For all of the high-tech gadgetry that characterizes
For all of the high-tech gadgetry that characterizes
There have been countless variations on connector installation techniques and recommended procedures. Most recently, however, discussion has centered on the subject of mechanical connectors and splice-on connectors. The mechanical connector is a product that evolved primarily out of the enterprise space, and offers a simpler and cleaner alternative to the epoxy-and-polish connectors which preceded it. In contrast, the fusion splice-on connector (or 'SOC') evolved in the telecommunications space and offers factory-quality connector performance without the pigtails, splice trays, and space requirements that characterized conventional installation practices. Improvements in both products have steered them into the FTTH market where they now represent competing alternatives.
The appeal of a good field-installable connector for a FTTH carrier is fairly obvious. For one thing, many FTTH applications involve the deployment of fiber distribution hubs with an accompanying large number of connectors. So, if nothing else, a field-installable option is necessary just to effect repairs. Beyond that, however, the implications for the FTTH drop installation are considerable. Field-installable connectors do not require the inventory, terminals, slack storage, up-front engineering, and up-front investment of a preterminated drop solution. Additionally, they do not require customer premise equipment with splice trays and pigtail assemblies like a conventional fusion-spliced drop solution. Those are important attributes as the FTTH industry looks toward smaller customer premise equipment to support the indoor installations which are characteristic of multi-dwelling units. Likewise, those same attributes may help to address the cost concerns associated with drop installations in rural deployments.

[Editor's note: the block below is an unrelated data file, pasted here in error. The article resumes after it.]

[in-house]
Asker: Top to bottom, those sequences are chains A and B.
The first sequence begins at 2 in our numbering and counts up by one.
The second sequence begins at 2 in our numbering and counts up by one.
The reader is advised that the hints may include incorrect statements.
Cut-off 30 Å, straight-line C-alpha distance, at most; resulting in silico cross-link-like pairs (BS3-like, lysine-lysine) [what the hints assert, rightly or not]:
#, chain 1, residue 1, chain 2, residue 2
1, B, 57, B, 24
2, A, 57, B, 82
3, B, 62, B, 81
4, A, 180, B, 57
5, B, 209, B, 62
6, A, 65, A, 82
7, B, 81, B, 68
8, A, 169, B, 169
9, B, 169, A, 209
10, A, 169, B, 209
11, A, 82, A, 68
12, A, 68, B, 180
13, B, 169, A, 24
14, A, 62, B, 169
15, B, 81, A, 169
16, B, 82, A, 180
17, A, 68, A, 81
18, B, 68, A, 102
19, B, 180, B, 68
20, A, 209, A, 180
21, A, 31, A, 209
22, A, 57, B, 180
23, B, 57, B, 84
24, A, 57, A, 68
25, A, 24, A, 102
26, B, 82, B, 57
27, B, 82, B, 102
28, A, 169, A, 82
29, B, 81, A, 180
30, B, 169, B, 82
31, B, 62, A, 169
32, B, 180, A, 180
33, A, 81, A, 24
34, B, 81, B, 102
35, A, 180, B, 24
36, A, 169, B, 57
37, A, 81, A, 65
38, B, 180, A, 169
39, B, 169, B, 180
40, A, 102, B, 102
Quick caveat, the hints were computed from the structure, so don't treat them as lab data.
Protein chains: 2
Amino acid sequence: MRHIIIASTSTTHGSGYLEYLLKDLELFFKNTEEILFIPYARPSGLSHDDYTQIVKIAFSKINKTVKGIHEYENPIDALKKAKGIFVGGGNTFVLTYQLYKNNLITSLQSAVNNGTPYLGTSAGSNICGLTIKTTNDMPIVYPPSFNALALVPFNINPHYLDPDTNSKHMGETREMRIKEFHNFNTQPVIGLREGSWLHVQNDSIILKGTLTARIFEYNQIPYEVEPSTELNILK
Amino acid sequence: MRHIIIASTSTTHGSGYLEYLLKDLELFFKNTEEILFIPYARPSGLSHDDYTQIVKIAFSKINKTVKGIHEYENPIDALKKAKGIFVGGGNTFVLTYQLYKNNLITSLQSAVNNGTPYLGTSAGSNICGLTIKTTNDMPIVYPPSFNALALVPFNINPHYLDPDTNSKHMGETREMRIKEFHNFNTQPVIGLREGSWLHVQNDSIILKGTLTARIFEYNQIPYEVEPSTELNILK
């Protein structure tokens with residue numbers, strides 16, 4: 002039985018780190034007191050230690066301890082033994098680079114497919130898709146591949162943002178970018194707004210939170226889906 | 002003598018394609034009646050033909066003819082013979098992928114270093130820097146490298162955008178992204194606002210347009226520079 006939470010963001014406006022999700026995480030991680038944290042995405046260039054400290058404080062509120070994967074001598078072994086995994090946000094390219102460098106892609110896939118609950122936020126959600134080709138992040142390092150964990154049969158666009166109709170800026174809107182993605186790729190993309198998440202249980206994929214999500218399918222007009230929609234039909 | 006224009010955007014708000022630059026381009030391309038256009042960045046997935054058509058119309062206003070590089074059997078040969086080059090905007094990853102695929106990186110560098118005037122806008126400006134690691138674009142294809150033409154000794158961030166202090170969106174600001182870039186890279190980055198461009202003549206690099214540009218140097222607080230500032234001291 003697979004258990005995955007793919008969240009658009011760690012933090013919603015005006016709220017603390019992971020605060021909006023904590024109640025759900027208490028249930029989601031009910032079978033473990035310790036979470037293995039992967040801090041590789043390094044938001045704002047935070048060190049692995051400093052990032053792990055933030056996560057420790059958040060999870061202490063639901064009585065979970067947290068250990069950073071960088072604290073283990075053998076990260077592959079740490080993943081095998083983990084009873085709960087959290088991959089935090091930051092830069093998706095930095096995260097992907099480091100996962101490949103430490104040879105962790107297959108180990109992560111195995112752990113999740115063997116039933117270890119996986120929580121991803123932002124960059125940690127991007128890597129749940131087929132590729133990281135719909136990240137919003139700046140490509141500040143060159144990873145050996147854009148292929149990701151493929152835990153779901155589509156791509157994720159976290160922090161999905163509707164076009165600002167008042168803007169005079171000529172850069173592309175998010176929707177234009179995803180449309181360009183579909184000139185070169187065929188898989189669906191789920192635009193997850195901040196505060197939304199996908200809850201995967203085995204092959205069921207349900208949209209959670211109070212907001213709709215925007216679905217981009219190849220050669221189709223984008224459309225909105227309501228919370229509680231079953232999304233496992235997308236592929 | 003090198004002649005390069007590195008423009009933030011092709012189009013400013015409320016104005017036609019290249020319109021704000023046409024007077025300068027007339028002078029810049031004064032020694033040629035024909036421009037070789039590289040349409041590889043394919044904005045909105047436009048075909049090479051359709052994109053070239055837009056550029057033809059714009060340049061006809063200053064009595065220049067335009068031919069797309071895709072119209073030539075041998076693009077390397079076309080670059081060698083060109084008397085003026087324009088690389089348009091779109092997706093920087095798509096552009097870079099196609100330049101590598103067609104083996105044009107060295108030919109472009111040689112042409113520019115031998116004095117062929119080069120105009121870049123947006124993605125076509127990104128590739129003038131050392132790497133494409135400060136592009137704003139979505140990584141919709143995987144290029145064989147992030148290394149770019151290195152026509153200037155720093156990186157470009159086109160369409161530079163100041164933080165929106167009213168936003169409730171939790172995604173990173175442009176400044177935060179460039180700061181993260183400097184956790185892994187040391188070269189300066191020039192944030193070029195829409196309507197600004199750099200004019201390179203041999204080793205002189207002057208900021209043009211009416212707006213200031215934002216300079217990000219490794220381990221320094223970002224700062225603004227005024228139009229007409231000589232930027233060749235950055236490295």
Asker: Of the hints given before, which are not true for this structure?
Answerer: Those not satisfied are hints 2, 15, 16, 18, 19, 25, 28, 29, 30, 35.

Both mechanical and fusion splice-on connectors make use of a pre-polished fiber stub in the connector ferrule. Mechanical connector, as the name implies, use a mechanical method to align a cleaved fiber with the pre-polished stub and then use a cam, wedge, or crimp mechanism to secure the fibers together. In essence, it is a connector end-face and a mechanical splice in one package and within a few millimeters distance of one another. The craft-dependent alignment and presence of two optical discontinuities in such close proximity to one another has always been the weakness of the mechanical connector. To adjust for this intrinsic shortcoming, vendors have used index matching gels to reduce the reflectance and attenuation associated with the mechanical splice behind the pre-polished stub. However, the lifespan of the gel and the robustness of the mechanical splice have often been questionable.
Without a doubt, mechanical connectors have improved. New index matching gels and improved alignment mechanisms have made mechanical connectors viable in areas where they would have previously never been considered. At the same time, however, advances in fusion splice-on connector technology have yielded cost reductions and craft improvements that put the two installation options on competitive footing.
The key value proposition for fusion splice-on connectors relative to mechanical connectors has always been the fusion splice itself. There is no serious debate in the industry about the quality difference between the two approaches. A fusion splice dramatically reduces attenuation, eliminates reflectance, and mitigates craft-induced error by introducing an automated alignment process. Additionally, when the fusion splice is protected by a hermetically-sealed heat shrink, a package is created which is as mechanically robust as it is optically superior. Thus, a splice-on connector yields a factory-quality connection in a field-installable format. However, the quality advantage has been a fact for over a decade. The cost and craft advantages which make the spliceon option competitive with mechanicals have only been realized in the past couple of years.